Since none of you losers were at Listen to Your Mother on Tuesday night (close family excluded), I thought I’d post what I read. You’re welcome.
I Am a Mother
“Why aren’t you wearing any underwear?” I ask for what feels like the millionth time.
“But mom, my underwear has poop on it!”
“Why does your underwear have poop on it? Did you wipe after you used the potty?”
“OOPS! I FORGOT TO WIPE!”
“How on earth did you forget to wipe your bum after you used the potty?”
Let’s be honest here—there’s no acceptable answer. What could he possibly say that would make me understand such a lapse in memory?
So ends another average day in the Smith home.
I believe certain women are born nurturers—something within them is programmed to mother every child who crosses their path. These are the women whose homes become the neighborhood hub; children enter and exit in a never-ending stream. Cookies are baked. Commercials are filmed.
I am not one of these women. I never particularly enjoyed babysitting or holding babies, and as I matured I wasn’t even sure I wanted to have children of my own. Obviously my views changed, and I’m now the mother to two wonderful boys.
Still, being a mom is something that doesn’t flow naturally through my veins. I have to work at it every day
Please don’t interpret this as me saying I’m a terrible mother. In my moments of stunning clarity, I will tell you I’m a great mom. My boys know they are loved. I get angry at them and they get angry at me and still they know that I love them. I believe that knowledge will serve them well in life.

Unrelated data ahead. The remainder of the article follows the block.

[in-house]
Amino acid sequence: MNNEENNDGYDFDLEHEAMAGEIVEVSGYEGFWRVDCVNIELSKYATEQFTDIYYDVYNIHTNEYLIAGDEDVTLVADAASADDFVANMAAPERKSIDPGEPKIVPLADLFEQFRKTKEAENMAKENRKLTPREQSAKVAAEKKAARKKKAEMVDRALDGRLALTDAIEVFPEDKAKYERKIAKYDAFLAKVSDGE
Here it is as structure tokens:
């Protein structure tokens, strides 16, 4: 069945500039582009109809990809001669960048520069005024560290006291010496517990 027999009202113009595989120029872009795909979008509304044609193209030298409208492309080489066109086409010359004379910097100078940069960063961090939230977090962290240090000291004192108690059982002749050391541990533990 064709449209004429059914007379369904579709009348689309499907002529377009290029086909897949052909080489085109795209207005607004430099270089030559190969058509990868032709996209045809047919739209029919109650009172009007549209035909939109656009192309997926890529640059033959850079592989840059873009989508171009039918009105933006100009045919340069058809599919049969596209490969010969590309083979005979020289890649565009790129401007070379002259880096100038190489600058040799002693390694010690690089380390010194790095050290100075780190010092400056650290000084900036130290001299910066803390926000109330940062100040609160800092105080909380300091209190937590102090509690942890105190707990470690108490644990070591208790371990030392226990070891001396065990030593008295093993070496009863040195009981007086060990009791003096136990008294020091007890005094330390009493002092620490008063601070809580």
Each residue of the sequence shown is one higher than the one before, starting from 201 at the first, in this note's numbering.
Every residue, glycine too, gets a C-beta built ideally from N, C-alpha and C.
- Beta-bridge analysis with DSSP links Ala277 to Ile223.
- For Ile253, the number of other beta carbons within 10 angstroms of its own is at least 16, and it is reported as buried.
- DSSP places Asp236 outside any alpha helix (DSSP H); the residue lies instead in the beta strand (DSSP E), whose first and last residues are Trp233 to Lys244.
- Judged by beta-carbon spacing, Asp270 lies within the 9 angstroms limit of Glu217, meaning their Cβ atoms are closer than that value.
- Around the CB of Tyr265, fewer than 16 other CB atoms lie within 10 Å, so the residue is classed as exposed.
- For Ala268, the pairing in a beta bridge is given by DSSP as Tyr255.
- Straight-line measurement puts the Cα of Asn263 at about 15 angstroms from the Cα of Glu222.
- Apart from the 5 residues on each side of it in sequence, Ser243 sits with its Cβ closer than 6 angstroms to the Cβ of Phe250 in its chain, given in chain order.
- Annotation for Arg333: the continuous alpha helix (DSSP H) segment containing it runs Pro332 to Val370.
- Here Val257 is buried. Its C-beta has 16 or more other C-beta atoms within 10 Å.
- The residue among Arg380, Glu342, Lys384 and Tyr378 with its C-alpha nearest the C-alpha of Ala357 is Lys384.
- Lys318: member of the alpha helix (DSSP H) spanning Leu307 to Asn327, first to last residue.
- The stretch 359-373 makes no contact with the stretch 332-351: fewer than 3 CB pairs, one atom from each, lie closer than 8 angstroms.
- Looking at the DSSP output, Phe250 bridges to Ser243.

But there are moments.
Moments when bums haven’t been wiped. Moments when tantrums are thrown over the plastic water holder for a grocery store carnation. Moments less like doing homework and more like climbing Mt. Everest.
Moments when I’m sitting at the park watching my kids play and it hits me—I’m so very lonely. Yes, I have friends. I spend time with them and I talk to them, but still, I feel isolated. It’s like I’m in a bubble with my children and even though I can reach out, a thin film will always separate me from others.
Moments when I wonder what the hell was I thinking, becoming a mother?
I think of all the things I could be doing if I didn’t have children. Perhaps I’d actually have my college degree. I’d certainly have more money—maybe I could travel. I’d be so carefree and glamorous and charming and I’d never be caught off guard by the random appearance of a penis or an unhygienic rear end.
Then I sit on the couch and my eight-year-old comes to sit next to me. It’s been a long day, and we’re both exhausted and ready for bedtime. “I got ready early,” he tells me, and burrows up under my arm. He closes his eyes. “You’re my favorite mommy,” he murmurs as I stroke his hair and he drifts into oblivion.
The next morning my five-year-old slips his hand into mine on the way to the car. I’m amazed by how small and warm his hand is, and how well we fit together.
This. This is what I was thinking.
Is it what I expected? Heavens, no. None of my contemplations on motherhood ended with me hiding in the bathroom, running the fan to drown out the screaming. There are days the reality is more than I can bear, but I’ve come to realize that’s just part of the package. Some moments are gloriously scrapbookable and others, well, let’s just say I wouldn’t mind a device or a potion that erases specific memories.
I wasn’t born to be a mother. I’m okay with that, because it doesn’t change the fact that I am a mother. Motherhood colors my thoughts and shapes my actions.
Now if you’ll hold that thought, I need to break up the underwear-clad wrestling match in the next room.
After all, I am a mother.